Print logo

Special seminar met with great interest
New Transatlantic Partnership Perspectives with Africa

As the EU and the US are recalibrating their policies towards Africa, the HSF, the ISS and the CSIS Washington discussed with experts from Africa, the US and the EU if and how a new transatlantic partnership between Europe and the US can also contribute to even stronger relations with Africa.

The European Union and the United States are recalibrating their policies towards Africa. Various concepts and approaches are under discussion on both sides of the Atlantic, with nobody underestimating the strategic importance of Africa and a sustainable partnership with the continent.

Together with the African Institute for Security Studies and the Center for Strategic & International Studies in the US we discussed with experts from Africa, the US, and the EU if and how a new transatlantic partnership between Europe and the US can contribute to an even stronger relation with the African continent and what needs to change to avoid mistakes from the past.

Under the Trump administration, the United States have steadily walked away from Africa, which has also left the field clear for China and Russia to make giant strides. During his first 100 days in office, President Biden has already shown respect and commitment to working with other countries and the international community.

For sure, a renewed EU partnership with Africa should be implemented in close partnership with the US and focus on opportunities as much as dealing with crises.

Here are a few points we took away from this exciting discussion:

Development Cooperation:

  • Africa is developing but slower than other world regions, and will miss the SDG to eliminate poverty by 2030 by a large margin.
  • To improve its development prospects Africa requires a series of fundamental transitions in health, demographics, agriculture, education, manufacturing, technology and trade integration.
  • EU/US development cooperation policy should therefore rather focus on unlocking development paths by supporting reforms in those fields, and foster long-term investment in development drivers such as the rollout of electricity, rather than invest in big once-off infrastructure projects.
  • Partnerships must not be a zero sum game. Africa needs to deepen and expand its relations with the EU, the US, China and others, but must not get trapped in their power battles.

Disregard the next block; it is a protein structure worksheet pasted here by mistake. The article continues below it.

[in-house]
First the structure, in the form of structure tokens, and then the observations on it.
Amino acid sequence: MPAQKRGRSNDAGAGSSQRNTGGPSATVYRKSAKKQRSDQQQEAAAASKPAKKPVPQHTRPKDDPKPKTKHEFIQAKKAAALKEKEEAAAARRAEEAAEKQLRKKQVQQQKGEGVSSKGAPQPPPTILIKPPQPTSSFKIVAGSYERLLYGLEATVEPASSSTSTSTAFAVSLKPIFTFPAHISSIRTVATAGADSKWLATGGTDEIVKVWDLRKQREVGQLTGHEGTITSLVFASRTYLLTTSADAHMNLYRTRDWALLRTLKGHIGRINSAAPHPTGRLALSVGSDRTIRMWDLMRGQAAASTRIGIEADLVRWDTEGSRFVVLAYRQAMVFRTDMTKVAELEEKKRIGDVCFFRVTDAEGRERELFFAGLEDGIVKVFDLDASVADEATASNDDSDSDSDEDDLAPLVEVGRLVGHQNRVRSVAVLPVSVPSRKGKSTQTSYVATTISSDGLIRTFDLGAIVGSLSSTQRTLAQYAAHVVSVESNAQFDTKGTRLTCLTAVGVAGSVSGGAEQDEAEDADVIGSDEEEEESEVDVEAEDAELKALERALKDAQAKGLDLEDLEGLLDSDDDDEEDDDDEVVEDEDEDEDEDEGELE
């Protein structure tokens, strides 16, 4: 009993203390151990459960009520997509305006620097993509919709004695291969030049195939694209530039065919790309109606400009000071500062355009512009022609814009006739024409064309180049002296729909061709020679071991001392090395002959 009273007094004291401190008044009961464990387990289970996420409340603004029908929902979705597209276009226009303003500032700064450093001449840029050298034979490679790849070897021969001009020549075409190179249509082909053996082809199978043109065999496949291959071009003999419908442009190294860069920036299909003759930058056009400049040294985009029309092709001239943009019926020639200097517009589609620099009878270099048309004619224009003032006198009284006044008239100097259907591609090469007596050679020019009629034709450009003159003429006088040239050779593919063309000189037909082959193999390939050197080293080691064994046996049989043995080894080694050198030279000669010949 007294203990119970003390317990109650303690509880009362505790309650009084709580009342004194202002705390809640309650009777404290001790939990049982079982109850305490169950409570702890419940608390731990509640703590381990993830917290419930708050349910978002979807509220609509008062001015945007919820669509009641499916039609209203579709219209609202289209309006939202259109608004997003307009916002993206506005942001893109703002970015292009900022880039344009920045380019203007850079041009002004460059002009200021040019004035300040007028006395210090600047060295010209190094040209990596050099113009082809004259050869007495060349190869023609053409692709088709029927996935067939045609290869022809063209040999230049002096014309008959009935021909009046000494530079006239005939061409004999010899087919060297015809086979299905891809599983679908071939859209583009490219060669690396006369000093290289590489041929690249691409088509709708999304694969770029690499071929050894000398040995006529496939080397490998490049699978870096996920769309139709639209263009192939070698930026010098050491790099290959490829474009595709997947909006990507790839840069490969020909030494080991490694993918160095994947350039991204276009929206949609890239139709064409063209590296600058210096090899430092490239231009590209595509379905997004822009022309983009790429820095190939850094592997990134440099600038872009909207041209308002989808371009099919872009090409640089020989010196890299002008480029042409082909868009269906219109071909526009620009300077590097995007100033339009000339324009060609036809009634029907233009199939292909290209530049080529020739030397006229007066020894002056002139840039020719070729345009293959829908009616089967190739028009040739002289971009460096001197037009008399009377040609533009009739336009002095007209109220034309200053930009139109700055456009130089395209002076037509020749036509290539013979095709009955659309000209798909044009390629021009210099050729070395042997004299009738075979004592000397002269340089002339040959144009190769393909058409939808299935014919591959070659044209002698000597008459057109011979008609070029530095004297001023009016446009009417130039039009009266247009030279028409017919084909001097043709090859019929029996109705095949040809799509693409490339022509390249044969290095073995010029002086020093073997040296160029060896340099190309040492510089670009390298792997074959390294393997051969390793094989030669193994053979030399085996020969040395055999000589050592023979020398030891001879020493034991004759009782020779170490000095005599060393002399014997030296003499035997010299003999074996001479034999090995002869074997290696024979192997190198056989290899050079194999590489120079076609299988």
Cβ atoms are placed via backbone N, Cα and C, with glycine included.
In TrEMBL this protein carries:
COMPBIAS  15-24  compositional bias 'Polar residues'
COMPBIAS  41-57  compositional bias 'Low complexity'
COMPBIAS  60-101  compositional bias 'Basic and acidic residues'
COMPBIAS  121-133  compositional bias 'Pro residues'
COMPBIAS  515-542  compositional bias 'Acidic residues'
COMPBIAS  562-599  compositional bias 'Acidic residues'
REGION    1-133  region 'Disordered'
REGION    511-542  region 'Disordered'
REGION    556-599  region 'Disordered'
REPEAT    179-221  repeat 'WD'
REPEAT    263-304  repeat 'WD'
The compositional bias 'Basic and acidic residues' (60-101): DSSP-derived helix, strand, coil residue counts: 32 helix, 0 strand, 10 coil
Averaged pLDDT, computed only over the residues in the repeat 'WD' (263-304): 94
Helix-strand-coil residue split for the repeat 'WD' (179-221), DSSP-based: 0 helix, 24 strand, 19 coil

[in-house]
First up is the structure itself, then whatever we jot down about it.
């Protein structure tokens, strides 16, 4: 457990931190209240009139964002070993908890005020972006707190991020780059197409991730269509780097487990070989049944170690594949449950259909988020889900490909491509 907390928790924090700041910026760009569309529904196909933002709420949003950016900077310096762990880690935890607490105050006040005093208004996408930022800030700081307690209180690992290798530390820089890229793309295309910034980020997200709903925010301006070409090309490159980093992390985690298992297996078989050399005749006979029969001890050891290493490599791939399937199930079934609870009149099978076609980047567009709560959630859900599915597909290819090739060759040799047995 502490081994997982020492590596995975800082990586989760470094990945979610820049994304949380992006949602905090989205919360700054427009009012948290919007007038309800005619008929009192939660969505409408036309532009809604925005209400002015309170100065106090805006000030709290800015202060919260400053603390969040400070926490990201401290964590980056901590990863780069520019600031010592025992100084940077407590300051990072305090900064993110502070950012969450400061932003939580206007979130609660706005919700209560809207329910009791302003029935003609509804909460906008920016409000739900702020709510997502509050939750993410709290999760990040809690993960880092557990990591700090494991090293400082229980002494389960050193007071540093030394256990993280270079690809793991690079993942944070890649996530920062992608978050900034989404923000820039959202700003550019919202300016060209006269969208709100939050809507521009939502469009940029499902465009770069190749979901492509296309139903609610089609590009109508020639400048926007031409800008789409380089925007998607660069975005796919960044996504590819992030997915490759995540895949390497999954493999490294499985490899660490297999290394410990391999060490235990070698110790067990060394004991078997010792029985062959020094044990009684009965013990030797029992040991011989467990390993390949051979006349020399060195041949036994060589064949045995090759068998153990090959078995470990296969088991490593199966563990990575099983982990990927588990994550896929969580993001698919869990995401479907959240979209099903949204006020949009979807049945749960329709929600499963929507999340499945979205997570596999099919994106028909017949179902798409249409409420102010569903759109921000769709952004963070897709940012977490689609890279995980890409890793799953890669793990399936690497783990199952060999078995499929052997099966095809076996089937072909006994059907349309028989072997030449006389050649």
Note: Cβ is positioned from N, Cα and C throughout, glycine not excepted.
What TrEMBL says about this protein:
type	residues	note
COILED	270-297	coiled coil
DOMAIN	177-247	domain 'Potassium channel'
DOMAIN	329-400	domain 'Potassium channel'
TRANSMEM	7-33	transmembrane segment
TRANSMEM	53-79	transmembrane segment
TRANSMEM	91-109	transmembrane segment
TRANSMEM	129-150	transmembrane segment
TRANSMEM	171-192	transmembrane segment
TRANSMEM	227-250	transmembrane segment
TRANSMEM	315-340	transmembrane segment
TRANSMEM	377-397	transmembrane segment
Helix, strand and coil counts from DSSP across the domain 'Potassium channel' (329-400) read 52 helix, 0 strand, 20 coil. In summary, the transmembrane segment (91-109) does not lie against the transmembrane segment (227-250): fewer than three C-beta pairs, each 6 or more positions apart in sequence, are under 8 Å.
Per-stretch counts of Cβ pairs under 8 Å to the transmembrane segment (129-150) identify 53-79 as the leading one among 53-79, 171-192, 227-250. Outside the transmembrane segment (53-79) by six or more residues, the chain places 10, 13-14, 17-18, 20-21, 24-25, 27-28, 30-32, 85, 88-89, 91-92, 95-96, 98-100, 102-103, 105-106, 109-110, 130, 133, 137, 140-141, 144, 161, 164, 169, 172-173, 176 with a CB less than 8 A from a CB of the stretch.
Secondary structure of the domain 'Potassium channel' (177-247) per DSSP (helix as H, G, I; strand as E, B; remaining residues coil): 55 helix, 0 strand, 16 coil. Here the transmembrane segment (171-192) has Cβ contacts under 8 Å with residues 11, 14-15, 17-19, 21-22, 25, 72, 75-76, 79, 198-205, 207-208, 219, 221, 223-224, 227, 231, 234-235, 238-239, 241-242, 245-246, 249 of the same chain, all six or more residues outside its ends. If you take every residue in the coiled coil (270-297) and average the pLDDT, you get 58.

• To start with, the value of partnerships will be reflected in providing vaccines for Africa and debt relief to ease the burden of the devasting economic consequences of Covid-19.

Peace & Security:

  • Human rights violations and corruption are key roadblocks to preventing and mitigating violent conflict and forced displacement in Africa. In light of this, the EU and the US should not only emphasize engagements with African governments but also support civil society and institution building, as well as strengthening the rule of law and democracy.
  • Conflict prevention is cheaper than conflict management: For this reason EU/US efforts should focus at supporting regional alliances, and help allocating the necessary resources to defence training, and step up their funding for AU peace missions.

Ultimately, only Africans and the AU can address the many challenges the continent is facing, and attend to the root causes for conflicts and development backlogs. However, external assistance, strong partnerships and coordinated efforts can go a long way in facilitating economic growth and promoting good governance and democratisation.

Watch a recording of the seminar with Dr Jakkie Cilliers from the Institute for Security Studies in Pretoria, Judd Devermont of the Centre for Strategic and International Studies, and Bernard Quintin from the European External Action Service:


Subscribe to our Newsletter to receive event invitations and new publications as well - and follow us on Facebook and Twitter for news about our work.